A random observation on structural and actual racism

I recognize that some people have lived their lives without actually witnessing systemic racism, or even reflecting upon what systemic racism means. And there are clearly blessed, privileged people have never considered how the system that protects their privilege could oppress people who don’t look like them.

Some of these people respond with fear and hostility when they hear “Black Lives Matter” or anything besides white, cis-hetero Christian lives “matter” because they see the other counting as a threat to their way of life but somehow don’t think that equals racism because “all lives matter,” duh. The bottom line is that they have no empathy for anyone who exists outside their own narrow experiences, and that their communities have dehumanized the “other” in order to feel better about that absence of empathy.

As a Naval officer, I witnessed systemic racism every day. I saw young black, latino, Native American, and white men from a variety of backgrounds, and I saw the similarities in the disadvantages they had come from before military service that weighed them down. And I saw most of them rise above them, and try to move forward. But I also saw how differently they were treated by the system as a whole, and it was often a lot different depending on race.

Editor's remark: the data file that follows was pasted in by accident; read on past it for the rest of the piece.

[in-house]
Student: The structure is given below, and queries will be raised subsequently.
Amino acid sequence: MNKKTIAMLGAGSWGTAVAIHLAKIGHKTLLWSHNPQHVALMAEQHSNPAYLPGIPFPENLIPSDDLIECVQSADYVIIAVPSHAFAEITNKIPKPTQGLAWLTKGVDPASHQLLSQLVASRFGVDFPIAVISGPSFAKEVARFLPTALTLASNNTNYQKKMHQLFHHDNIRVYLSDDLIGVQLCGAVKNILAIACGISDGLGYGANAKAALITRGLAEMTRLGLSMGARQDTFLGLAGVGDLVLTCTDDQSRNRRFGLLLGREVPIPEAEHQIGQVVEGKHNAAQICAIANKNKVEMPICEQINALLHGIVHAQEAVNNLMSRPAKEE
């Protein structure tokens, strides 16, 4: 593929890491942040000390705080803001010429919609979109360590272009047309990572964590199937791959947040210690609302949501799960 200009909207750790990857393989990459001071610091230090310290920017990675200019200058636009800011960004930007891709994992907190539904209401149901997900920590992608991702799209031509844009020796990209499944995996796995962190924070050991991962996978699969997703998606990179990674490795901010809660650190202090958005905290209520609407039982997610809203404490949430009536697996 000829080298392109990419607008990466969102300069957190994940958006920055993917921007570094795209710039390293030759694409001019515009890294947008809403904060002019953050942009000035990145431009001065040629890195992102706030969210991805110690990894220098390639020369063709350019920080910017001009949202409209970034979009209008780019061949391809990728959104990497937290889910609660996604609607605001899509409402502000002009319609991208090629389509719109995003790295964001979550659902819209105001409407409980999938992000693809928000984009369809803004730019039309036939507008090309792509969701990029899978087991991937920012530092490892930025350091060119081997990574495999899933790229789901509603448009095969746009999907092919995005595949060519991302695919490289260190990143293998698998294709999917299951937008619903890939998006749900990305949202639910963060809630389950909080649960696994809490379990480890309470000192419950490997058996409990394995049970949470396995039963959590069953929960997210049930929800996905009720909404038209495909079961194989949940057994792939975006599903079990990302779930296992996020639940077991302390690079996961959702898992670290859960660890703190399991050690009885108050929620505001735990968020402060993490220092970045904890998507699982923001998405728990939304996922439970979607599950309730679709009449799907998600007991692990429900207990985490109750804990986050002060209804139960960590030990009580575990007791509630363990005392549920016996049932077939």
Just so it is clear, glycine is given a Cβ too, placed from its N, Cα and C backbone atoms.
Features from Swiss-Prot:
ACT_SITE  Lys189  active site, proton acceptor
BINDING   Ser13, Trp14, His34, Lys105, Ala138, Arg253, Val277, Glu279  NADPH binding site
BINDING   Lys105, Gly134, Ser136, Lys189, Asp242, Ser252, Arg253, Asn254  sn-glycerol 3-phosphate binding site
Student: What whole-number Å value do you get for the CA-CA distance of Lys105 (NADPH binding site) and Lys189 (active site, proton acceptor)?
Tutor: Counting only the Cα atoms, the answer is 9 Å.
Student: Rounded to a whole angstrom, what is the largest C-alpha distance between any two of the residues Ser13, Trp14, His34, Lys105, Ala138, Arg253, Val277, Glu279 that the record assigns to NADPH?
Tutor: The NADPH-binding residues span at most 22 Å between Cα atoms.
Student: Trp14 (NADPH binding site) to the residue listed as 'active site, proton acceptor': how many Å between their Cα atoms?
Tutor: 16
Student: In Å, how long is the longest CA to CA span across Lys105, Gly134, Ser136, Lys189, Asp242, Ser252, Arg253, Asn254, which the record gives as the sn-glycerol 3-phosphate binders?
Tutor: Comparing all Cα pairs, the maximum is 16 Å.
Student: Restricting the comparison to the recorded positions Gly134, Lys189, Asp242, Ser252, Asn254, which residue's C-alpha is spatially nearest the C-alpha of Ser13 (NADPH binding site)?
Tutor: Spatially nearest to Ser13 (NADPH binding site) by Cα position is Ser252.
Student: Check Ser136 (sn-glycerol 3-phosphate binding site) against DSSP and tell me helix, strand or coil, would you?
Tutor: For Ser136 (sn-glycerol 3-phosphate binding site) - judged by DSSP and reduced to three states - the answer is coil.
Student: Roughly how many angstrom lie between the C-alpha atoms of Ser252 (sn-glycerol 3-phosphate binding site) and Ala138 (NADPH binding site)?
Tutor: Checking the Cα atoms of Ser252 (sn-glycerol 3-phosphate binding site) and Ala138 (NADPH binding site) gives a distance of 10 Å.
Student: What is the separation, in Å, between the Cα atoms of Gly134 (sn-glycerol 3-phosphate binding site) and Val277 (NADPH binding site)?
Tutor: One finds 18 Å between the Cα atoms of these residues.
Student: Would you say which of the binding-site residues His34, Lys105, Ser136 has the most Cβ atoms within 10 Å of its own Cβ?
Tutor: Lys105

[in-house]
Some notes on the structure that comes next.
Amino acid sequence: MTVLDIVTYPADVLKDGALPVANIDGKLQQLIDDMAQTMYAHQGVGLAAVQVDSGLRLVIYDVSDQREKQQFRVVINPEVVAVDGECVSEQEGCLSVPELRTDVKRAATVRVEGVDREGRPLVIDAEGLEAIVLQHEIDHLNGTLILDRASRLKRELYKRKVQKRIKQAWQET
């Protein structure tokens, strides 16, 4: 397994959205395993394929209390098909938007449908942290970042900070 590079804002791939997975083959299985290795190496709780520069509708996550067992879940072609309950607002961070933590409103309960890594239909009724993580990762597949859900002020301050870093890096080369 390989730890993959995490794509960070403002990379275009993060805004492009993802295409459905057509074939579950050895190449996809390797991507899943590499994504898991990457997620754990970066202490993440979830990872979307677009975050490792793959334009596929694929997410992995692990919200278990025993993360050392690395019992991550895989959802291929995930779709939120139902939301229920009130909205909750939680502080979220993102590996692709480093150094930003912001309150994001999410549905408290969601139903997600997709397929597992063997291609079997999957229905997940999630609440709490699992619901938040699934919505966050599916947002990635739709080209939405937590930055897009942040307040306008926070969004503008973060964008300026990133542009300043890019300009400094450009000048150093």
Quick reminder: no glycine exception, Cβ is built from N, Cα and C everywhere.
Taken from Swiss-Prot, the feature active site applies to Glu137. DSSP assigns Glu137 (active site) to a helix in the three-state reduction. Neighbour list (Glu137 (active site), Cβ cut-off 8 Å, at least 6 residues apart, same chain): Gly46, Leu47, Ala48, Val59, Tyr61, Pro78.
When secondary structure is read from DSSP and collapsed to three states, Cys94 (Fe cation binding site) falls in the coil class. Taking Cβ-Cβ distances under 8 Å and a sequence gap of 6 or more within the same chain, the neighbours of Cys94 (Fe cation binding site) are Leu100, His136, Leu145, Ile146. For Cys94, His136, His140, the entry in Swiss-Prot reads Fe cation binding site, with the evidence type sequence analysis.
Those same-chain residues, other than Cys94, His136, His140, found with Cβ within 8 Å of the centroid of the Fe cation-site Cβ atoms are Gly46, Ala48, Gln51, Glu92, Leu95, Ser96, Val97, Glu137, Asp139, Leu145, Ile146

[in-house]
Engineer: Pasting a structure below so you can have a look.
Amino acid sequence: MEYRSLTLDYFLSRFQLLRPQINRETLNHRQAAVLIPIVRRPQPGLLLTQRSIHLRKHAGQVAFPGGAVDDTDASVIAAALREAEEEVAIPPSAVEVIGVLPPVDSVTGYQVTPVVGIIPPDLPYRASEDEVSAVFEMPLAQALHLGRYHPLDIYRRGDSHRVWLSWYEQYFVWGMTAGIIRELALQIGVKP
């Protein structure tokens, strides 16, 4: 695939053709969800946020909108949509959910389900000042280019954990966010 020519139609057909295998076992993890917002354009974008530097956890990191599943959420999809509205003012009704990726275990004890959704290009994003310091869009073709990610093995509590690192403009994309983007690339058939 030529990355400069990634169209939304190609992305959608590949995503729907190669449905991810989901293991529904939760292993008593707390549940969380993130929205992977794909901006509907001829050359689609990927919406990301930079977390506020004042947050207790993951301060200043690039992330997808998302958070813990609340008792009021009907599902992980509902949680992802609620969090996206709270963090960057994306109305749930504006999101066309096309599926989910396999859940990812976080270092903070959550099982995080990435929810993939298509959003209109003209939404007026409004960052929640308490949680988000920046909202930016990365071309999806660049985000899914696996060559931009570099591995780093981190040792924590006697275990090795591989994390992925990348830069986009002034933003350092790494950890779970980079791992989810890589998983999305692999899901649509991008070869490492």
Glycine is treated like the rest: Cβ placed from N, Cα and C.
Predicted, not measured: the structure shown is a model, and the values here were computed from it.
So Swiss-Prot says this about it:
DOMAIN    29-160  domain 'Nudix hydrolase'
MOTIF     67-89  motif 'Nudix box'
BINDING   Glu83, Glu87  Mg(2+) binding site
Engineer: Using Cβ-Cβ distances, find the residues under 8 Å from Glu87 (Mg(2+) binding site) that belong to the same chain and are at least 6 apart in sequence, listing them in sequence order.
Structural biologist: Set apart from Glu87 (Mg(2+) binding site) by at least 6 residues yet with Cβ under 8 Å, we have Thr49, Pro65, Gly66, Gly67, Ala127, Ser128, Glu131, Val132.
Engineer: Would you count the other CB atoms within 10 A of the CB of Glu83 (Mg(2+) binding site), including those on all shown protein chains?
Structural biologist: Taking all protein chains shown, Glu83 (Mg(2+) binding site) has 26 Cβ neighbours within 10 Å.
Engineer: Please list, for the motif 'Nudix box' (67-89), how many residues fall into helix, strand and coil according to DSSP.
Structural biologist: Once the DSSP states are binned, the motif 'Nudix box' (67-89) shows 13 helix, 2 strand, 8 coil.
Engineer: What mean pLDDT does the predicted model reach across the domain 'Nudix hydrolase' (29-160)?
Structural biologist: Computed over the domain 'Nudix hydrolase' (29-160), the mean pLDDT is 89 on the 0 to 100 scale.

I worked with a sailor, an up-and-comer who had made rate as a boatswain’s mate, whose self-assuredness and bearing attracted negative attention from certain members of the crew–including some in the Master at Arms division. I remain convinced to this day that he was busted on a drug test because of a sample swap. I saw white sailors who were caught on command sweeps given light non-judicial punishment, and black sailors who ended up in the brig.

When I hear the words of our new Secretary of Defense, I’m glad to hear that extremism is on the radar now. But I still think DOD has to have a reckoning with structural racism. It may not be the military’s role to repair the damage done by poverty and societal racism as a whole, but the DOD could certainly do more to help all service members reach their potential.

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